Burmese Whiskered Bat (Myotis montivagus)

Description

The greater mouse-eared bat is one of the larger  bats  Its fur is a medium-brown colour on the upper body, and greyish-white underneath. It has large ears with a very prominent tragus, the organ which is part of the bat’s echolocation system.

Greater mouse-eared bats are usually found around human settlements. They probably used caves as roosting sites, and today they hibernate in both caves and mines. They hunt in forests and adjoining cultivated areas

This bat preys on larger insects, mainly beetles, which they hunt for about four to five hours after emerging late in the evening. They are known to forage on the ground for some of their insect prey. Male greater mouse-eared bats are polygamous, and may have a harem of up to five females. The females form large maternity roosts  and give birth to one offspring, usually in June. When they leave to feed, females leave their babies in a crèche and there are often several females left to guard the roost. The young bats can fly after three weeks, and become sexually mature at three months.

Range Description:

This widespread species has been recorded from South Asia, Southern and Eastern China, and both mainland and insular Southeast Asia. In South Asia this species is presently known only from India (Andhra Pradesh, Karnataka, Kerala, Maharashtra, Mizoram and Tamil Nadu) (Vanitharani 2006, Molur et al. 2002). In China, it ranges through much of Southern and Eastern, parts of the country (Smith and Xie 2008). In mainland Southeast Asia, it has been recorded from Myanmar, Southern Thailand (although there are no published records (Bumrungsri et al., 2006)), Northern Vietnam, Lao PDR and Peninsular Malaysia (it has been recorded at the Batu caves close to Kuala Lumpur). It is also present on the island of Borneo, where it has been reported from Sabah (Kinabatangan area) (Malaysia) and Kalimantan (Indonesia). It has been recorded from sea level to an elevation of 1,100 m asl.: Within India, it has been recorded roosting in caves, rocky crevices and subterranean habitats in forested areas (Molur et al. 2002). In Lao PDR, the species has been collected in hill forests at 1,000 m asl and in open forest at 500 m asl (Francis et al. 1996; in Duckworth et al. 1999). In Vietnam, the species has been recorded in heavily disturbed agricultural landscapes, at about 200 m asl. Animals have been found roosting in small colonies in a crevice of a bridge (Yasuma and Andau, 2000). In southern Thailand the species roosts in small colonies in lowland evergreen forest (S. Bumringsri pers. comm. ). In Myanmar it is known from around 1,850 m asl (Bates et al. 2005). In Malaysia it has been recorded in highly disturbed secondary habitat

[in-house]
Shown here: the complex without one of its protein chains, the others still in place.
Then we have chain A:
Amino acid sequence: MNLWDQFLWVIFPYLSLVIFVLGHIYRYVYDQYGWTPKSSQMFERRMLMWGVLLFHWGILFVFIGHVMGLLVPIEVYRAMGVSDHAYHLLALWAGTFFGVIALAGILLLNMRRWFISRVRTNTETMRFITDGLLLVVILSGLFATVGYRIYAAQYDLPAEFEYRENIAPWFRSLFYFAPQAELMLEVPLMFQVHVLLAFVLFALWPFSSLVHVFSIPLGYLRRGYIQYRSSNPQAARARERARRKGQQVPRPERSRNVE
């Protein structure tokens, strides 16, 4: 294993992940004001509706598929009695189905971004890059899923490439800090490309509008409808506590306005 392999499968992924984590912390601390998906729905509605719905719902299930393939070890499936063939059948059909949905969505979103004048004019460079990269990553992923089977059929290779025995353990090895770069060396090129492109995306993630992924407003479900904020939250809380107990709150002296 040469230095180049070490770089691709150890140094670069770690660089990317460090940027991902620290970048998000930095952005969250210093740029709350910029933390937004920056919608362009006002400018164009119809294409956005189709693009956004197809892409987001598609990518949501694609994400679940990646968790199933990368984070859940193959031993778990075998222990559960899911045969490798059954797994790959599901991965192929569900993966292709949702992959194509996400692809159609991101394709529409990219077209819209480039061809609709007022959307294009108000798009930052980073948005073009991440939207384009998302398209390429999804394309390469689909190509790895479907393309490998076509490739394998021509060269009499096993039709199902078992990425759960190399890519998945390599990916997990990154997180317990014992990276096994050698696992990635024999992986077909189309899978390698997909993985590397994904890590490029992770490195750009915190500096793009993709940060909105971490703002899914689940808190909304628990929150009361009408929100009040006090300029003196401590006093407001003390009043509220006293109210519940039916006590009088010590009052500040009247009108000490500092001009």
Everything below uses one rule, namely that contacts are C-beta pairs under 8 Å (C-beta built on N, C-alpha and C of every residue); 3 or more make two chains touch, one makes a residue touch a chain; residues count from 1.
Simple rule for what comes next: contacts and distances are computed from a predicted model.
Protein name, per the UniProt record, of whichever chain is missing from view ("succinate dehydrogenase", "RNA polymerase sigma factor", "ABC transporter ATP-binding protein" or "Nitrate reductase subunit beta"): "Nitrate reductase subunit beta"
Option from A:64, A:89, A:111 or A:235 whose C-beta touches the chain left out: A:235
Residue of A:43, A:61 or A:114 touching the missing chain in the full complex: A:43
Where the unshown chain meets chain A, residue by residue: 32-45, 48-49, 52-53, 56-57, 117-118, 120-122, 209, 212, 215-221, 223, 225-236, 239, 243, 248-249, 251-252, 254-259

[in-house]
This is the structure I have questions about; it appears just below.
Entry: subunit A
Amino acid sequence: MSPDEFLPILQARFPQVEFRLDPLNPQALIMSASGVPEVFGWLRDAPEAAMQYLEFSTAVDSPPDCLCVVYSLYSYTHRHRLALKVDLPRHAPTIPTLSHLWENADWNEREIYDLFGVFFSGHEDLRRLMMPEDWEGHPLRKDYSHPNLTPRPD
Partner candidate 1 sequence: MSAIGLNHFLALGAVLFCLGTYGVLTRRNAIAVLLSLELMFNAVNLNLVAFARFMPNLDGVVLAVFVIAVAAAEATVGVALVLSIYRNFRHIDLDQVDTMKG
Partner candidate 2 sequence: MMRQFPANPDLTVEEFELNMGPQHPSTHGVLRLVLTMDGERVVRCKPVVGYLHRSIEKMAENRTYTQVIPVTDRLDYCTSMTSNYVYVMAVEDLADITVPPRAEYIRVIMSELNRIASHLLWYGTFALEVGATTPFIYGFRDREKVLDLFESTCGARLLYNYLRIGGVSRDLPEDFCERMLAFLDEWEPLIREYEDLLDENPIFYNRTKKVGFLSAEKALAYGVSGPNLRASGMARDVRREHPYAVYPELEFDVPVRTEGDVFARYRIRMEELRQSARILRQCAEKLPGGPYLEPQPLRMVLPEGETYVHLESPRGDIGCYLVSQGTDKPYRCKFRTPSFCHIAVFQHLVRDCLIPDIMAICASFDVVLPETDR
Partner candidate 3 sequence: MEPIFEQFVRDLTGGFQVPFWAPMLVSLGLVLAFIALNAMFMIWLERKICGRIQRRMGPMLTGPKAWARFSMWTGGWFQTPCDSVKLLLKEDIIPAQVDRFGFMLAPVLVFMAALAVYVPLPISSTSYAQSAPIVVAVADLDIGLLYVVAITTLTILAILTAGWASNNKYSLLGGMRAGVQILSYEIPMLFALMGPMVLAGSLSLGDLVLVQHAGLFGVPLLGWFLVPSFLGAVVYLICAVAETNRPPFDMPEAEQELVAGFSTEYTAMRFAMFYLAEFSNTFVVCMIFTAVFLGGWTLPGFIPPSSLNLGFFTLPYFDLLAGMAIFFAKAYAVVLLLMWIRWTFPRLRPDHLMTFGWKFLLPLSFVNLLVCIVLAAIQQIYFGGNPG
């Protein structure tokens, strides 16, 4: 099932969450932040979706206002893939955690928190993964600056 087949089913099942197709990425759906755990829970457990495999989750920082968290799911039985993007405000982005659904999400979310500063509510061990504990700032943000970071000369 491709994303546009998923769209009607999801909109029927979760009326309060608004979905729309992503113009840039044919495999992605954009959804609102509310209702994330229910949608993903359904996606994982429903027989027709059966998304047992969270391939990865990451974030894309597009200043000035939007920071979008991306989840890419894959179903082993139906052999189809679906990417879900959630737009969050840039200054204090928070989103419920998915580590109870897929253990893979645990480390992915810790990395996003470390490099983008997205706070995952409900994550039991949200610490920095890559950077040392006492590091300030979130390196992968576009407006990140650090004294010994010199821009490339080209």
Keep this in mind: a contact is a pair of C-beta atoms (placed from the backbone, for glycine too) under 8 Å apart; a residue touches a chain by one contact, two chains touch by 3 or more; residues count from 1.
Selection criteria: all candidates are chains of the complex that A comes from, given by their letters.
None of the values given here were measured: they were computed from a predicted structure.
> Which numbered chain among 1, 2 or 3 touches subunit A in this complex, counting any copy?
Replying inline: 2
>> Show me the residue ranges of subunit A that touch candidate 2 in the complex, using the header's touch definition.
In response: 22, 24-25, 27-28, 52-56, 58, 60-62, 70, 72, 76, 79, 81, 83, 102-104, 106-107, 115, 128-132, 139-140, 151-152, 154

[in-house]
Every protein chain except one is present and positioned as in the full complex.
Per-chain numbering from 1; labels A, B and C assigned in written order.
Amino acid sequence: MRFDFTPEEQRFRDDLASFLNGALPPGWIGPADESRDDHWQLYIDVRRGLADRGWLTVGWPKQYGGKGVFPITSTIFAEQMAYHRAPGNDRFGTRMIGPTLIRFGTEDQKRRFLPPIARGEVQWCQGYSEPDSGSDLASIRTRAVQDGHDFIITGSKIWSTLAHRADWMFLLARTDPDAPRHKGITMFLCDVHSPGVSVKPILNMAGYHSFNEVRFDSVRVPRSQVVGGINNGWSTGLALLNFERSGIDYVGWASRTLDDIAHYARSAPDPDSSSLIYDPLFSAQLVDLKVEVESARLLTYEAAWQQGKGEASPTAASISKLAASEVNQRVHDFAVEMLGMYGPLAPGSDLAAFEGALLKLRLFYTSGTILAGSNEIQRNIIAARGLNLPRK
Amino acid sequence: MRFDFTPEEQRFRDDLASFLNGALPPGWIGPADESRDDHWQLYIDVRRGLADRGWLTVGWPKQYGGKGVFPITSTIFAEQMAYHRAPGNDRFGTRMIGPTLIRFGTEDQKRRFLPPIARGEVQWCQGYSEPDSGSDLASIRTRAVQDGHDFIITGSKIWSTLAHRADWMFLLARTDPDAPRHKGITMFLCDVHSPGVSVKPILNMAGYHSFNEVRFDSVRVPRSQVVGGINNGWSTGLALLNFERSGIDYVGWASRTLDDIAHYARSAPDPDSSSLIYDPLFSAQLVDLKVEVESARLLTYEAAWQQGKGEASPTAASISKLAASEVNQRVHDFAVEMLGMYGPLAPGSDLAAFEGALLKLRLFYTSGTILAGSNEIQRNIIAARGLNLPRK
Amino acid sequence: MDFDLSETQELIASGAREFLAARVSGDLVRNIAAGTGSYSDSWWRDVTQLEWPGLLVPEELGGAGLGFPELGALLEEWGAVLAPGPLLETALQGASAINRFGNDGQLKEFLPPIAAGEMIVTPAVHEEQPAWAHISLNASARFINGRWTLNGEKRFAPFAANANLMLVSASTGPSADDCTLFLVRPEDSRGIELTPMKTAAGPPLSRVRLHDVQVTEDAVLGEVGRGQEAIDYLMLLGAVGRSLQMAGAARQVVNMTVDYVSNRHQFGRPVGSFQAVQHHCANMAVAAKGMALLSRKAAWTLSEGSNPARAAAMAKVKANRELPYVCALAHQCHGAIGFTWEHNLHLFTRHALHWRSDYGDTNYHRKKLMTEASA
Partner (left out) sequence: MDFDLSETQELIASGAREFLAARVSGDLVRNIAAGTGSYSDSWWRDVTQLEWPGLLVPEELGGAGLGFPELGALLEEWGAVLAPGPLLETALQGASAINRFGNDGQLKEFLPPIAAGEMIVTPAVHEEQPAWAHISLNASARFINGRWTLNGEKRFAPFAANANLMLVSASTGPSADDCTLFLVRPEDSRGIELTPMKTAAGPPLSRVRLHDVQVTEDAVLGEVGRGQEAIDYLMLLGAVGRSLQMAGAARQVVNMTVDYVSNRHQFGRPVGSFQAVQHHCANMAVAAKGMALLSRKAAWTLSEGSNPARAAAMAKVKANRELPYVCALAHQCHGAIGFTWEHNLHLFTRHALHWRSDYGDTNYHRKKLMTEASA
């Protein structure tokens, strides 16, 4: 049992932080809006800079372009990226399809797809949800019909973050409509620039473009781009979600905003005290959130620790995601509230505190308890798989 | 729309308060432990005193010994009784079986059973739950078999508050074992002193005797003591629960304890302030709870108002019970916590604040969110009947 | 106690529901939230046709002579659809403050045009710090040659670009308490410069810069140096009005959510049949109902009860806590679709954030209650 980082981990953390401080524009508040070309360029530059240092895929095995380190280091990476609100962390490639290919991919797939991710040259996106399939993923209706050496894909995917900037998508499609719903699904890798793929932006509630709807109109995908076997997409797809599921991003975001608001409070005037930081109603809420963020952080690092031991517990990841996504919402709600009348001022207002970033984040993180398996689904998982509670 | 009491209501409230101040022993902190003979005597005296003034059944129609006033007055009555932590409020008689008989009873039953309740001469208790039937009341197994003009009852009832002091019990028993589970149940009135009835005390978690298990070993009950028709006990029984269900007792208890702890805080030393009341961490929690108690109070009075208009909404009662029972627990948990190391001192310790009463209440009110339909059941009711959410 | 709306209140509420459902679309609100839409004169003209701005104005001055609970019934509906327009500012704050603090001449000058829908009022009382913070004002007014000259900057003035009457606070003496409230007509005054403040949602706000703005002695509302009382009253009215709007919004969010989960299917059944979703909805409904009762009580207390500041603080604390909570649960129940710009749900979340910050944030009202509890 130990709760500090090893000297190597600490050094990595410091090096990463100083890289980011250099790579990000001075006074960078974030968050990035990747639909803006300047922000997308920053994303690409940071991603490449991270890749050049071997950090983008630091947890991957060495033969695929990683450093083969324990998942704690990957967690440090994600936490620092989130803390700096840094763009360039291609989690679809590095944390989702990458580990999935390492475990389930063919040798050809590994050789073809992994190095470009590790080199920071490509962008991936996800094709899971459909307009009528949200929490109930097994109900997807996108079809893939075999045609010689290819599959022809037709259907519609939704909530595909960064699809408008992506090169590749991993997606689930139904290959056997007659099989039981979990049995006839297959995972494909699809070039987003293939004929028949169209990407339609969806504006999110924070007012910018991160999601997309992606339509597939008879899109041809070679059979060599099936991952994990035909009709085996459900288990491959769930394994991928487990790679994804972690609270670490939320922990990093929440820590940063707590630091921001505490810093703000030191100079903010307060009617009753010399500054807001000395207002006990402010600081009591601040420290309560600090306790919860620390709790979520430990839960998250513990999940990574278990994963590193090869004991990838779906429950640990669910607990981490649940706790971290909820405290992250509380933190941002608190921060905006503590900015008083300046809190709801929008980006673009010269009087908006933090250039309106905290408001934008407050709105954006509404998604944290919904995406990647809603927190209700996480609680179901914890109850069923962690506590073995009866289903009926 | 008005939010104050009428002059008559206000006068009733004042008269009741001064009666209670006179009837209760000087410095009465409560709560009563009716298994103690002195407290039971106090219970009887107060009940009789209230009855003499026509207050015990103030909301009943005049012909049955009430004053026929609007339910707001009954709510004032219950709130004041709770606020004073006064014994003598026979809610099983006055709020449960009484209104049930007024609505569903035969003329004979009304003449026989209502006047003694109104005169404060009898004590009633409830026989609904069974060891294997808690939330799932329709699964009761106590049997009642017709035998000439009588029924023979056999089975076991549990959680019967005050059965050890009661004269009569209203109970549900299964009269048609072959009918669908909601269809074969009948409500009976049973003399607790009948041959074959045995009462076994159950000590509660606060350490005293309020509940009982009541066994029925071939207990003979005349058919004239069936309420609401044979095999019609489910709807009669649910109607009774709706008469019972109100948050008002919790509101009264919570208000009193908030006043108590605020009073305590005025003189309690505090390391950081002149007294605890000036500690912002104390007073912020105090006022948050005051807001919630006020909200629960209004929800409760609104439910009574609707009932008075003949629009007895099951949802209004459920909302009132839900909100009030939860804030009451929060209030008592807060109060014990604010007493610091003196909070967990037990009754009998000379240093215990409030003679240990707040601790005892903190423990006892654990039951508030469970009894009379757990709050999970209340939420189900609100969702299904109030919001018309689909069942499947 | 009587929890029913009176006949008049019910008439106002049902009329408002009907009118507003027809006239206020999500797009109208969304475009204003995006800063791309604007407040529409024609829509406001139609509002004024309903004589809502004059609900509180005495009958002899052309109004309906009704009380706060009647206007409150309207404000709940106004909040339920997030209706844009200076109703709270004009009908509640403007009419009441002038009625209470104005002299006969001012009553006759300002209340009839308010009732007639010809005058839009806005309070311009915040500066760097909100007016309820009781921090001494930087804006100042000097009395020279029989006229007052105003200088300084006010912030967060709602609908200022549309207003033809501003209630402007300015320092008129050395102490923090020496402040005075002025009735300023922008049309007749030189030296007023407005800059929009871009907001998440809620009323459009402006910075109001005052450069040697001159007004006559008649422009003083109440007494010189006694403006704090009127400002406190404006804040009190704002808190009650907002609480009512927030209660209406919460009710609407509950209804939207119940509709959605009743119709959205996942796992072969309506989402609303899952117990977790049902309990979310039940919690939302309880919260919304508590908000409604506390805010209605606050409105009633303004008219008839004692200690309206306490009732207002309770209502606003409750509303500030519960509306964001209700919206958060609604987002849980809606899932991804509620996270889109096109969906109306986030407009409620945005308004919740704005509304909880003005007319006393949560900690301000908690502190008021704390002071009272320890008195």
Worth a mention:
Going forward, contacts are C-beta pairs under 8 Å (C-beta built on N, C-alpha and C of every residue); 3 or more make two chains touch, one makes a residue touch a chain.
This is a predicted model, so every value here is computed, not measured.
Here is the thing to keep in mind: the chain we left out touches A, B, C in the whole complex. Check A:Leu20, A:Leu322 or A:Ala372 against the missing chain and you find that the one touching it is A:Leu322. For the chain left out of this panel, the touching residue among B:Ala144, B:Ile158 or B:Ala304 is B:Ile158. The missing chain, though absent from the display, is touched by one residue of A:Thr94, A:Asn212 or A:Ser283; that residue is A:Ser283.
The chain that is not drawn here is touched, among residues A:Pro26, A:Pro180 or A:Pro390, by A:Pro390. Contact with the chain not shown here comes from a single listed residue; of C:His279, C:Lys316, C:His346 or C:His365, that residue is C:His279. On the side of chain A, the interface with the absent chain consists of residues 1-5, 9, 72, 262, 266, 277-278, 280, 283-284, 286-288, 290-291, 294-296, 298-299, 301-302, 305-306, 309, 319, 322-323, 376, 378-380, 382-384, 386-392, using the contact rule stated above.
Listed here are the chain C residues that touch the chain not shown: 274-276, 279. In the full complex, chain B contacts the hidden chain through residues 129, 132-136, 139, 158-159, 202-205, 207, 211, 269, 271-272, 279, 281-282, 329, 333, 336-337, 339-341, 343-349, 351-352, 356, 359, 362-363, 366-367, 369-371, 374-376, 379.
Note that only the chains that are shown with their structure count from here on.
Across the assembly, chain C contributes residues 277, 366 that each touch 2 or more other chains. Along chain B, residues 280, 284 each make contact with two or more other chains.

Countries: Native:
China; India; Lao People's Democratic Republic; Malaysia; Myanmar; Vietnam

Population:

It is believed to be an uncommon species. In South Asia, the population abundance of this species is not known. There are only a relatively few individuals in each colony and the colonies and localities are scattered (Molur et al. 2002).
Population Trend: Unknown

Habitat and Ecology:

 Within India, it has been recorded roosting in caves, rocky crevices and subterranean habitats in forested areas (Molur et al. 2002). In Lao PDR, the species has been collected in hill forests at 1,000 m asl and in open forest at 500 m asl (Francis et al. 1996; in Duckworth et al. 1999). In Viet Nam, the species has been recorded in heavily disturbed agricultural landscapes, at about 200 m asl. Animals have been found roosting in small colonies in a crevice of a bridge (Yasuma and Andau, 2000). In Southern Thailand the species roosts in small colonies in lowland evergreen forest (S. Bumringsri pers. comm.). In Myanmar it is known from around 1,850 m asl (Bates et al. 2005). In Malaysia it has been recorded in highly disturbed secondary habitat.
Systems: Terrestrial

Major Threat(s):

 In South Asia, this species is threatened due to disturbance to roosting sites by increase in tourism and habitat loss due to tourism related developmental activities (Molur et al. 2002). The threats to the species over the rest of its range are not known, although it has been reported from degraded forest in parts of its range.

 Conservation Actions:

In South Asia, although there are no direct conservation measures in place, the species has been recorded from Agasthiyamalai Biosphere Reserve in Tamil Nadu (Vanitharani 2006). Surveys, ecological and population studies are recommended (Molur et al. 2002). In Southeast Asia, it has been recorded from some protected areas (eg. Vu Quang National Park, Vietnam [Borissenko and Kruskop 2003]).

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